1. Against Everything, Essays, by Mark Greif. The worst of these are still well-written and interesting, and the best are among the best essays being written today. There are many good sentences: “Were “In the Penal Colony” to be written today, Kafka could only be speaking of an exercise machine.”
2. The Blind Photographer, edited by Julian Rothenstein and Mel Gooding. Here is an article on Pedro Martinez, one such photographer from Oaxaca. An excellent book, thought-provoking about both the nature of disability and photography, and also the mind’s eye. Here is a good National Geographic article on the volume.
3. Harvey Cox, The Market as God. Harvard theologian argues that economists have started to argue as theologians do. The closing sentence is “When The Market does not have to be God anymore, it might be a lot happier.”
4. William Domnarski, Richard Posner. This biography focuses on Posner the infovore, and is itself a big pile of information. We should not forget Posner’s role in founding the Journal of Legal Studies and Lexecon when awarding him a much-deserved Nobel Prize. Every page of this book has information, recommended, even if (because?) it is a bit of a splat. Here is one cited account of Judge Posner: “One of my favorite lines is when he would characterize a lawyer’s answer as “mere words” when in fact he wanted a “real reason.”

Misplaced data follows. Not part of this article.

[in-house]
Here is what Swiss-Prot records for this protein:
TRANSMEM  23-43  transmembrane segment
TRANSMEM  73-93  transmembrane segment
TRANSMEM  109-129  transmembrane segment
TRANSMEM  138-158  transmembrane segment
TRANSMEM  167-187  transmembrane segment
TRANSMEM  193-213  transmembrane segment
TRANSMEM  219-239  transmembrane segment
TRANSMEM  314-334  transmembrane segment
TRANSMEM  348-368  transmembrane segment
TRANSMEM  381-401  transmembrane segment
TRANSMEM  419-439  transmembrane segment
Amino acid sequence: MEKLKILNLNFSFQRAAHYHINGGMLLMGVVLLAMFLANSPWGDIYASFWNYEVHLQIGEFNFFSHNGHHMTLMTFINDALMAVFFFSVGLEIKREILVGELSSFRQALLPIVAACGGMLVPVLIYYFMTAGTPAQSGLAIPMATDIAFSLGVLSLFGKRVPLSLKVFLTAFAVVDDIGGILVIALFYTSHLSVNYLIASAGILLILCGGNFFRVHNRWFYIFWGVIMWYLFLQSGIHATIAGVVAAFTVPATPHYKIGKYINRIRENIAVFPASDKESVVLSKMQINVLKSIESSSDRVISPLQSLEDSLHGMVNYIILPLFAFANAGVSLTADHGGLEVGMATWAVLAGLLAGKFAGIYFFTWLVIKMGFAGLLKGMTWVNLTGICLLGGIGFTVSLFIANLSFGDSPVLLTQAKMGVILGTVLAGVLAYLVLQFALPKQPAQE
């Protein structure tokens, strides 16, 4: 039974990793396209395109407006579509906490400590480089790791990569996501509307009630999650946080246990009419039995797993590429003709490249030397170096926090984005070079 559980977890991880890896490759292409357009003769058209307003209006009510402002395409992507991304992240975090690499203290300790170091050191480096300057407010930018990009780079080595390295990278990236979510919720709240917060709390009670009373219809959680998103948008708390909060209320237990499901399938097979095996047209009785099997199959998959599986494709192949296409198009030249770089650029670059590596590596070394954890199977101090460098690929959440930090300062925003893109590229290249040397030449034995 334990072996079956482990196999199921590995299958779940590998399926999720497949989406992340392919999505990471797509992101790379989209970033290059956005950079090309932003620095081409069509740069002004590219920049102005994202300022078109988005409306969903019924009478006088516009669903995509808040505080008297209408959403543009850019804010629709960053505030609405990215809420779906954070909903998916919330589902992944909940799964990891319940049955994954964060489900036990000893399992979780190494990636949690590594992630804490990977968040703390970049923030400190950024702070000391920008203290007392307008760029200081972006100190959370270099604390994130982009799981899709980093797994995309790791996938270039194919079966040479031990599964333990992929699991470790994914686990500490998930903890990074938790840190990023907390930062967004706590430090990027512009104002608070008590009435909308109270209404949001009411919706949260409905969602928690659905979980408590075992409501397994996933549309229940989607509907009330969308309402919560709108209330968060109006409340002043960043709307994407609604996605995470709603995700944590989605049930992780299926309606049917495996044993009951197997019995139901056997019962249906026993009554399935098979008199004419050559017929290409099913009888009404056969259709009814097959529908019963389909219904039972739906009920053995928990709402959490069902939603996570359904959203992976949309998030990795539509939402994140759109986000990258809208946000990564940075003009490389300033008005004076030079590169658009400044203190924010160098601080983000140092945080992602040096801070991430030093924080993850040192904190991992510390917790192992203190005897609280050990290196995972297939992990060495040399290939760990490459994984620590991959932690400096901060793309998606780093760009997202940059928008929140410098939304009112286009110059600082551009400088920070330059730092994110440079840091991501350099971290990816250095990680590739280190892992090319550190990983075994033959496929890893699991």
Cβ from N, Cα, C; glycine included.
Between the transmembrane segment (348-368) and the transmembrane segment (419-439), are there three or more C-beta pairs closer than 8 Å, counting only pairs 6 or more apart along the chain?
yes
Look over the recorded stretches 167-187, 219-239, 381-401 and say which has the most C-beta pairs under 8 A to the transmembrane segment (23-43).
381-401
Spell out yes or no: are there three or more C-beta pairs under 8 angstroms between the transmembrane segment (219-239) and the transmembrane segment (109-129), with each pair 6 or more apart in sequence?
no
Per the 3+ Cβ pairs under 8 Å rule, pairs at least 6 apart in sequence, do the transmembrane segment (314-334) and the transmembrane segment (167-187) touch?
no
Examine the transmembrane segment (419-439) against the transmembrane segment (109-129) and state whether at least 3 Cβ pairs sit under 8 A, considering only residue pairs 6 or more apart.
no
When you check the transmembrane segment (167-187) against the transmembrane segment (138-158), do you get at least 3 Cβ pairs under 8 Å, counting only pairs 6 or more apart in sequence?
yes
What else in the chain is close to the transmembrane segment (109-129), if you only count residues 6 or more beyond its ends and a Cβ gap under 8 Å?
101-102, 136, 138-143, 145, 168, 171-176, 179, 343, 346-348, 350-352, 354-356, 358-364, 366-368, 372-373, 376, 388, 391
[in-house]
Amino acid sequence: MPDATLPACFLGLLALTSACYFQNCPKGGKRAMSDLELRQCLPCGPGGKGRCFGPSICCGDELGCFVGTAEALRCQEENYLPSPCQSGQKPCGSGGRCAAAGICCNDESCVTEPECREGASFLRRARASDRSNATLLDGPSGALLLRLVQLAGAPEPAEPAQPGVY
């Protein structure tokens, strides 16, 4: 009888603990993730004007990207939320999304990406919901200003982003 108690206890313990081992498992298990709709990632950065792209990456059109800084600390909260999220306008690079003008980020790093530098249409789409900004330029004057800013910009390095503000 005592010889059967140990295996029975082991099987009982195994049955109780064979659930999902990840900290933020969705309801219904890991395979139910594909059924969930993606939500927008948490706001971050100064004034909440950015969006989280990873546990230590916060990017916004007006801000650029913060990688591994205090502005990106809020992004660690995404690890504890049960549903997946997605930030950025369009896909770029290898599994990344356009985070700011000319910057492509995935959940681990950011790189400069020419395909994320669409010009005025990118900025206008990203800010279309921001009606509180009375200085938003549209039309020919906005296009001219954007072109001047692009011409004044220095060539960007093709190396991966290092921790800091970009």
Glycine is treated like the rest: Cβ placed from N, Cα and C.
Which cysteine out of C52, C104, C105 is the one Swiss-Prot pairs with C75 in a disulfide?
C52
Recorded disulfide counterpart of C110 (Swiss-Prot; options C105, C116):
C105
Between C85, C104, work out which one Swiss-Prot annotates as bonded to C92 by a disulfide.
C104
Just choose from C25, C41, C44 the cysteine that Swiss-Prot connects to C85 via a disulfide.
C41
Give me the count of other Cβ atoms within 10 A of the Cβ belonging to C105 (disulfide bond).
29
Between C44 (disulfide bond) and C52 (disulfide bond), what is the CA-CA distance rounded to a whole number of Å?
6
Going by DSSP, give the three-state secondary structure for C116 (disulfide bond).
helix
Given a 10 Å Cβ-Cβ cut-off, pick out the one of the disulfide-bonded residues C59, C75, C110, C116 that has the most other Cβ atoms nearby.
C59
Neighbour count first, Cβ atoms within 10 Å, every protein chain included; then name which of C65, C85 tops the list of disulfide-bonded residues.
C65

Do not miss Posner’s descriptions of various (unnamed) colleagues on pp.193-195, for instance: “…certainly ambitious, but that cannot be rated a fault. He has a vaguely cold and supercilious exterior; of the inner man I cannot speak because I do not know. But I do have trouble seeing him actually marrying an outdoors girl [as was the rumor], as he is very definitely the hot-house intellectual plant.” Another, from the philosophy department at Chicago, was “a timid, small-bore type.” Also stunning are pp.249-250, when Posner discusses his own naivete when witnessing the behavior of others, most of all his colleagues in academia. pp.251-256, which close the book, are just sublime.
I don’t think I will have time to get to Lynne B. Sagalyn’s Power at Ground Zero: Politics, Money, and the Remaking of Lower Manhattan, but it looks very good.
I read only a fragment of Chris Wickham’s Medieval Europe, but found it well-written, to the point, and illuminating for both the specialist and general reader.